Holy Icons of Jesus Christ, the Mother of God and the Saints now gaze from their heavenly abode out over what once was a Pompeiian-inspired atrium court with a carved marble fountain, marble statues from Europe, resplendant with plush oriental carpets and flanked by sixteen marble columns.
Today, during our services, incense rises to a vaulted, pale sea green, leaded glass ceiling which dramatically illuminates the church…this little “heaven on earth” …as it did some sixty years before when it served as a private residence.
Where once was an elegant 20 x 34 foot dining room with a massive carved dining table and a marble mantle, overshadowed with paintings, now stands a baldacchino canopy and Holy Altar, made of marble from a quarry in Tate, GA. Resting upon it is an ornate
18 karat gold plated tabernacle from Greece. Behind it are a seven-branch candelabra, and two golden fans, representing the angels around the throne of God in heaven.
At this Holy Altar, our priest now intones the Divine Liturgy and we are transported to another place and time for the rest of the liturgical service. Here, another banquet takes place as a mirror of the Heavenly Banquet.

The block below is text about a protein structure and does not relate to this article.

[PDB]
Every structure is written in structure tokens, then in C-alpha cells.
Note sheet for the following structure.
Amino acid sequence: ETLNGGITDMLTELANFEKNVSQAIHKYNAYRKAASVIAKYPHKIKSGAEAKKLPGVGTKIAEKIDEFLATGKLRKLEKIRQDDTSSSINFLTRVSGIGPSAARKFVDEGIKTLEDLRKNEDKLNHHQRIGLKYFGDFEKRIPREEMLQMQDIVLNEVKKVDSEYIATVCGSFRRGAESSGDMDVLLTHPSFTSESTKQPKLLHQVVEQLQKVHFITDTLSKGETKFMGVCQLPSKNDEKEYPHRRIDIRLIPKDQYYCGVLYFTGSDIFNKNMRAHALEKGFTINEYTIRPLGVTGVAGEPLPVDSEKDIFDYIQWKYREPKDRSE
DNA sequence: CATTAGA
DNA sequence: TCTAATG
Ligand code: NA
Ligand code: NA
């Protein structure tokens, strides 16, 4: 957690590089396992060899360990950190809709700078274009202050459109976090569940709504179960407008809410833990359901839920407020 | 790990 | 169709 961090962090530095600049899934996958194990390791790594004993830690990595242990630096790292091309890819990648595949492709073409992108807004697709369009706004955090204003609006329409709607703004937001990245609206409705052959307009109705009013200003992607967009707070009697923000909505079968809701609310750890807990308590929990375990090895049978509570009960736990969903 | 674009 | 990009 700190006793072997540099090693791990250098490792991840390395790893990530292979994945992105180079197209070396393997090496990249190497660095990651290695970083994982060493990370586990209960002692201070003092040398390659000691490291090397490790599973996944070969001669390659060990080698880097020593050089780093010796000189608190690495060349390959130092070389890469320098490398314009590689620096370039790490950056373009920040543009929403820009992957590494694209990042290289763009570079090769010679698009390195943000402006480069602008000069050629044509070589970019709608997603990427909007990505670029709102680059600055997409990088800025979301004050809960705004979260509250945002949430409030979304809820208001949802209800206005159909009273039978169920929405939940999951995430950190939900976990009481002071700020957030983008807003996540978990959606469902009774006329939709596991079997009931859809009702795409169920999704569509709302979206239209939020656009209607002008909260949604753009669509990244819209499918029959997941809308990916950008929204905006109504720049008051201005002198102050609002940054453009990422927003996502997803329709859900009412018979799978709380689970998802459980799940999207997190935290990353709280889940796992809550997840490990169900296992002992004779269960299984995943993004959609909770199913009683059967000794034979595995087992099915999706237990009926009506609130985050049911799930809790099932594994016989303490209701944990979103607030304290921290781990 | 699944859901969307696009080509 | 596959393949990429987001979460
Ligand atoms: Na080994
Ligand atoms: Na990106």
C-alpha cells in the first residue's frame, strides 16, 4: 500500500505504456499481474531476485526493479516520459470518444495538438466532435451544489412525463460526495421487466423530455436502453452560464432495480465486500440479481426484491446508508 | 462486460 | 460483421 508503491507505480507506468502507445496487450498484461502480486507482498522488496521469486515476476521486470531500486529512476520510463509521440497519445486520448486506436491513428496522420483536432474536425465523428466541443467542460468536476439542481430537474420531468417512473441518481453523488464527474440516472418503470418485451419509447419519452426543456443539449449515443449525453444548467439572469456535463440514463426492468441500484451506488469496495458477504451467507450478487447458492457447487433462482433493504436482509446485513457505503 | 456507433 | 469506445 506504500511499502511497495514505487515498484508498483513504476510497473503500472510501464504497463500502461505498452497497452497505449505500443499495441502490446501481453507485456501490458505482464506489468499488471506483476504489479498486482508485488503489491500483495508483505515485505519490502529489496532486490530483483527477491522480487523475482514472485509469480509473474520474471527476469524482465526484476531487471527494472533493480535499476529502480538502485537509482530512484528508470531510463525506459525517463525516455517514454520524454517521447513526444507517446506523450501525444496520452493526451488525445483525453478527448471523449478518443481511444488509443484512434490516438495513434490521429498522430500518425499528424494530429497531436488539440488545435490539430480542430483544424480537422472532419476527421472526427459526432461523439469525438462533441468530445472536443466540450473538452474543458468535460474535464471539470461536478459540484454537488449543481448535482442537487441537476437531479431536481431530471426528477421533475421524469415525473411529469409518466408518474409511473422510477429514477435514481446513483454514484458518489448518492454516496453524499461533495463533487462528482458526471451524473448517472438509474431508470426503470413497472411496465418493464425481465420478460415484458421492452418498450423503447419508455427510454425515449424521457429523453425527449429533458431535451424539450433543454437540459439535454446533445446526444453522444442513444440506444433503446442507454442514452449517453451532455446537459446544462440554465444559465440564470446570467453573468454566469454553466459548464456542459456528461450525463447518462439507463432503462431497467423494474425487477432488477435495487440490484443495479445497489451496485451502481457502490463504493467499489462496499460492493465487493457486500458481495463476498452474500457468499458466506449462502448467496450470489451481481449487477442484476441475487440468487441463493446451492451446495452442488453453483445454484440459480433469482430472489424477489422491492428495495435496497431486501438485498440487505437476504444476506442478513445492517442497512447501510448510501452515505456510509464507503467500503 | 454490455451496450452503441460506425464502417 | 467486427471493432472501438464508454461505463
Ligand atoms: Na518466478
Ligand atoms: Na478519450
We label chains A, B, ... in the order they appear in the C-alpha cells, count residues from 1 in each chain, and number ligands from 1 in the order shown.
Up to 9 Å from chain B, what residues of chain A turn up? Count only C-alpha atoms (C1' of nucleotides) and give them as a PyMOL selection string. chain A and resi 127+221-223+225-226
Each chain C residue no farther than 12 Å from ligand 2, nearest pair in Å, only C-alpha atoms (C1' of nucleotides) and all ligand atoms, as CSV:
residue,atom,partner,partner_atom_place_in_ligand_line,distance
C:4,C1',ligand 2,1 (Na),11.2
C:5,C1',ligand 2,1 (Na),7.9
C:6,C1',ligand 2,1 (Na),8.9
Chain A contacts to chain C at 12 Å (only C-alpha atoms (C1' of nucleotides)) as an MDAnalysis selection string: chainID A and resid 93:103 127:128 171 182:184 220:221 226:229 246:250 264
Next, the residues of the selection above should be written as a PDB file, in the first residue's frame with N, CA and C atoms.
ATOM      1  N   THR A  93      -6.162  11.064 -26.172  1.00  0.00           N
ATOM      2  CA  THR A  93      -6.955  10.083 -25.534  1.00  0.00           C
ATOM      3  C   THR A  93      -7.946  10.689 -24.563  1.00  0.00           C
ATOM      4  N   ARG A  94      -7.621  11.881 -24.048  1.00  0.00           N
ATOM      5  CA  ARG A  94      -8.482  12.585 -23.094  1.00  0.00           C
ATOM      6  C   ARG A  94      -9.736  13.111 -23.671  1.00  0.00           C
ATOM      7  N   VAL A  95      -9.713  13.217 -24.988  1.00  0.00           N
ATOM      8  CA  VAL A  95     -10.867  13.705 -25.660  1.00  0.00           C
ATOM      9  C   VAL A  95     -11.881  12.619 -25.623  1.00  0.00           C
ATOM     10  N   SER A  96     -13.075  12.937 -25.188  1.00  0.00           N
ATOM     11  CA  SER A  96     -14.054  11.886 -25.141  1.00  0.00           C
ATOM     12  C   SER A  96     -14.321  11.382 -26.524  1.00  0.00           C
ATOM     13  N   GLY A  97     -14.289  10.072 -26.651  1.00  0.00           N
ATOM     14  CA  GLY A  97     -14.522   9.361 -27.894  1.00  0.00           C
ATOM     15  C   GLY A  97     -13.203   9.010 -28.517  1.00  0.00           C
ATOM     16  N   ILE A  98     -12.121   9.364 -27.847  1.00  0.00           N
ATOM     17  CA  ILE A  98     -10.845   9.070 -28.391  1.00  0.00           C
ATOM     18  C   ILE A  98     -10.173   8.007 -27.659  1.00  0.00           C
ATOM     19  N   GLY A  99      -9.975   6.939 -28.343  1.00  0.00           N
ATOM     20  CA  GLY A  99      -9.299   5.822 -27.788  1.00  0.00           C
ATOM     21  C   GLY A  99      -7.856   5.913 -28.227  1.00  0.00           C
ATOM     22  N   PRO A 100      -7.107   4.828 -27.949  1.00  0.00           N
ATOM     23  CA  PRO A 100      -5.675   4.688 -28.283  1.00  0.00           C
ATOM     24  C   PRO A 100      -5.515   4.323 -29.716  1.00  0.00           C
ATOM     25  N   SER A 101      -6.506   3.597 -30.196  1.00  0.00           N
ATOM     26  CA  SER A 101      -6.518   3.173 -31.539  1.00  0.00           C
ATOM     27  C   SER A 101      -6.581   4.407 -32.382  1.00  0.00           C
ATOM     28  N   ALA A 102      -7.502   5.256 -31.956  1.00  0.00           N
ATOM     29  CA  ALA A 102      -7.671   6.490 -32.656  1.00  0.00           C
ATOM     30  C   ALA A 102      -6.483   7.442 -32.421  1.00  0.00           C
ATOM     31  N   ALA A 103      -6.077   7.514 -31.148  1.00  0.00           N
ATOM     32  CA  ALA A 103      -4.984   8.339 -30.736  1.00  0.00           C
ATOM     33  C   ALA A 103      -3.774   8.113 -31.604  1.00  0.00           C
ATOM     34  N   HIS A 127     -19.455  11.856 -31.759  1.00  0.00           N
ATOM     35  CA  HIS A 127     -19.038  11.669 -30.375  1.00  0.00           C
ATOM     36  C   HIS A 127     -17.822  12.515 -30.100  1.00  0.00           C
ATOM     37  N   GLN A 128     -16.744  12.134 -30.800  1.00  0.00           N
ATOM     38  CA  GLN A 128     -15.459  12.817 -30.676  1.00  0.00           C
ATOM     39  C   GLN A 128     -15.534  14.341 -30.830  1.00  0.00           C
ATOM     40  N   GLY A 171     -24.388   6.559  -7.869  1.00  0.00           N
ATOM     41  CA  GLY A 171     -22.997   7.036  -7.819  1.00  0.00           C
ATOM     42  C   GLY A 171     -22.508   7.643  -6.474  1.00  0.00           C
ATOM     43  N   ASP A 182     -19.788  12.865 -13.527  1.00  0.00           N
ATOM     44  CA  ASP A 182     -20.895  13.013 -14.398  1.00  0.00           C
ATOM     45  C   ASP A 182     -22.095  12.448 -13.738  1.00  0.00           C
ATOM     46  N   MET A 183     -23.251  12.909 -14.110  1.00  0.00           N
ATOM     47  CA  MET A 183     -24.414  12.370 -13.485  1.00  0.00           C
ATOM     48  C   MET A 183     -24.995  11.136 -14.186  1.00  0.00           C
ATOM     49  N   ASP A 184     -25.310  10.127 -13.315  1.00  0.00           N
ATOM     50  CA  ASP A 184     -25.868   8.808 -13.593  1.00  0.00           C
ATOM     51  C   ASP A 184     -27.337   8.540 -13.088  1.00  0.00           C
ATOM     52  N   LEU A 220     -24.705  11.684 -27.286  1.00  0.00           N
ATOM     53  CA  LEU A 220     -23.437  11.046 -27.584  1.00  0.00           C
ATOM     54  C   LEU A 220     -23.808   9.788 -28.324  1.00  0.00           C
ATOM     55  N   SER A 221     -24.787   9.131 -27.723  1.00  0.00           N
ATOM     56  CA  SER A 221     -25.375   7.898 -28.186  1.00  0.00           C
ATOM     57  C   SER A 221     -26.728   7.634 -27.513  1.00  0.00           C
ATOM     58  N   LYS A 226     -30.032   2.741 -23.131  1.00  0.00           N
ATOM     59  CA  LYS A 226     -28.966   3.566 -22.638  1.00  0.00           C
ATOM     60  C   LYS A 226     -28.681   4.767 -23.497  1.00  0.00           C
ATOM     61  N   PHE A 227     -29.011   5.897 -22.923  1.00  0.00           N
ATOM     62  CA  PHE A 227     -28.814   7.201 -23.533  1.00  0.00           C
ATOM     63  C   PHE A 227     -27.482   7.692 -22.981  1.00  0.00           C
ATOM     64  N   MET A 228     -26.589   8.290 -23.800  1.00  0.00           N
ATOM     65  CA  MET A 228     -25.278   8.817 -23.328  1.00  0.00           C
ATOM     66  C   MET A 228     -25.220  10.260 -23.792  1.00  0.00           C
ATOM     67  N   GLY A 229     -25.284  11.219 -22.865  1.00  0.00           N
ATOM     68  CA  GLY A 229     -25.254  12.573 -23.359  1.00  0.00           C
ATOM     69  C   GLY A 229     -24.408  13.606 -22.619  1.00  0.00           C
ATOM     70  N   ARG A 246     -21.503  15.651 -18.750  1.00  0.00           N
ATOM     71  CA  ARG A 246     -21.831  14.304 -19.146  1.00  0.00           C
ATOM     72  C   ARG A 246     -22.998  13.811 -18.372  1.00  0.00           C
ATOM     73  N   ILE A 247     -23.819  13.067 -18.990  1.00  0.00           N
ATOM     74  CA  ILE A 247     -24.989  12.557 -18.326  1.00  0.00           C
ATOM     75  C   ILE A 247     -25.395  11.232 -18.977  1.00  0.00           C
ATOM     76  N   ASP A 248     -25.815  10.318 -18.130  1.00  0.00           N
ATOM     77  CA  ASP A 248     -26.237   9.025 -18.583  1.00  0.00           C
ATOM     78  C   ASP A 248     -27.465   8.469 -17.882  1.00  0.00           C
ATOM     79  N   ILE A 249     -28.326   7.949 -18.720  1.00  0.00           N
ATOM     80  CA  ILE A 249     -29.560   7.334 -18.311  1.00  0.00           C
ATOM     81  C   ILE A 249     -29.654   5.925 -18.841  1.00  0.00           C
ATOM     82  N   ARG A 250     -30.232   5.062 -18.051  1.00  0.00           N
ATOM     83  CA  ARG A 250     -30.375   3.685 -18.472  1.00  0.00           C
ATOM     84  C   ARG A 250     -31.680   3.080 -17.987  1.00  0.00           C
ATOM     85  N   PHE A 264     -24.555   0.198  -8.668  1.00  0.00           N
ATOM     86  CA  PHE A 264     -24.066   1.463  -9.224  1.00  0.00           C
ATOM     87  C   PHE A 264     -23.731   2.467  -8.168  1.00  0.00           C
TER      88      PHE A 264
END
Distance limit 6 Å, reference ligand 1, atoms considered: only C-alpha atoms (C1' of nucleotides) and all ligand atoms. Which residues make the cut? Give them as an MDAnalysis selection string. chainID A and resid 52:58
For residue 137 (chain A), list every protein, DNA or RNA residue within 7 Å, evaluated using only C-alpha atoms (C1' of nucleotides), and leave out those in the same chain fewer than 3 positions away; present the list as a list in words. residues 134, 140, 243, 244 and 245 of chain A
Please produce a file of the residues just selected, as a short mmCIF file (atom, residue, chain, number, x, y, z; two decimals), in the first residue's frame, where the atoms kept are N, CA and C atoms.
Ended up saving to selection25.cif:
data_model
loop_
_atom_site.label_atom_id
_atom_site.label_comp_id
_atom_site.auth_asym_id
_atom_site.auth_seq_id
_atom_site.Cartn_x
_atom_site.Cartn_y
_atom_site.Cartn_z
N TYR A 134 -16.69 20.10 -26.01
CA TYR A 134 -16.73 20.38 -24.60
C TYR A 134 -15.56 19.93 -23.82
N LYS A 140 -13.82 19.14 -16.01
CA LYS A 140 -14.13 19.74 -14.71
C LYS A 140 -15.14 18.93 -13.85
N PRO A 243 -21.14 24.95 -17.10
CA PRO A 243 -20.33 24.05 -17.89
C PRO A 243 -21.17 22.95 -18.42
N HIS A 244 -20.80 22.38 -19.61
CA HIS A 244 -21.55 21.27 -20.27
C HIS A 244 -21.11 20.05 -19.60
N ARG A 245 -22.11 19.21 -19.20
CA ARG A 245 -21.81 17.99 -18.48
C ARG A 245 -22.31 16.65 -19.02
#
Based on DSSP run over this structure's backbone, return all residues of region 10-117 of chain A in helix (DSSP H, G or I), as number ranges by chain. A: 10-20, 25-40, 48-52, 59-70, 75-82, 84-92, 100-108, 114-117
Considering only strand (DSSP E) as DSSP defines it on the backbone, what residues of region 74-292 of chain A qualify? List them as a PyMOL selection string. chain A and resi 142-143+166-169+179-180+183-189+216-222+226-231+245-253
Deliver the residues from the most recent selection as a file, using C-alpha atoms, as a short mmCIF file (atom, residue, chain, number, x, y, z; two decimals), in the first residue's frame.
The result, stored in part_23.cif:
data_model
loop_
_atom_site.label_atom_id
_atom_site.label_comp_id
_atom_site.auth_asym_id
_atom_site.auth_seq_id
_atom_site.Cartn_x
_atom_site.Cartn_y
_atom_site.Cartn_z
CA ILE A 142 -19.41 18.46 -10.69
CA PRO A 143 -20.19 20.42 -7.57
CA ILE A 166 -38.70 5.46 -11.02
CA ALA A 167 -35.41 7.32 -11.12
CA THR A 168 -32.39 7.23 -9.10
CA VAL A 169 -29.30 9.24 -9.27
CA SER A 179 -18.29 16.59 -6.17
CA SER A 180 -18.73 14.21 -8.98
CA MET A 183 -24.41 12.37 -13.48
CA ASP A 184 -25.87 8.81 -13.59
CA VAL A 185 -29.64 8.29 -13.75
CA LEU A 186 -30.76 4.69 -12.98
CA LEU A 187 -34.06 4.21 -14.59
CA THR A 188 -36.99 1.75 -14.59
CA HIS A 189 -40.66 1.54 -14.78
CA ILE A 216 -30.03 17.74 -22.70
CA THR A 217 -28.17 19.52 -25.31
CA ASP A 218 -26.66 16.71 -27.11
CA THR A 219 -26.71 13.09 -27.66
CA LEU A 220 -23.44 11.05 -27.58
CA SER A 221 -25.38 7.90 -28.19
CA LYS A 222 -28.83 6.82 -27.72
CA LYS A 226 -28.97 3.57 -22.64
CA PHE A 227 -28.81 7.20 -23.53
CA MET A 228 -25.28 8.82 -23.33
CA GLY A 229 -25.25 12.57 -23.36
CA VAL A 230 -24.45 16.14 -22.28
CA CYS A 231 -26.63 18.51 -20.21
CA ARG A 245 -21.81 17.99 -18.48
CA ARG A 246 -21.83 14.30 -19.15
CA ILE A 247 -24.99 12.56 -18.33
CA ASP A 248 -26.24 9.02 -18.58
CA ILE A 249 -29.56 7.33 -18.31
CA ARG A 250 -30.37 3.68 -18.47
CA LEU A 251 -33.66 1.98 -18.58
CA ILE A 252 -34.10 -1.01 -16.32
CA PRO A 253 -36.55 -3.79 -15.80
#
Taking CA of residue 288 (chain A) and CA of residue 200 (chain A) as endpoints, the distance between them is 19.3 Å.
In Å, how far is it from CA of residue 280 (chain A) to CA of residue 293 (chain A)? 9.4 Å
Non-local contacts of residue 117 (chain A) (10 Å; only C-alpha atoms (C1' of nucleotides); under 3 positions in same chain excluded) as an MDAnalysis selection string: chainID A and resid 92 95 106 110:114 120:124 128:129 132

Before all of this present and holy utilization of this place, this magnificent neo-classical mansion with its exterior of cream-colored brick and white marble columns, inviting the onlooker to come up the circular driveway, was formerly the home of Asa Candler, the Coca Cola magnate, and his wife Lucy Elizabeth Howard, having purchased the soft drink rights in 1891 for $2,300.00. After a trip to Italy, he, a devout Methodist, built this grand home at the cost of $210,000.00 in 1916.
It is set on two acres of land at 1428 Ponce de Leon Avenue in the Druid Hills Section of Atlanta.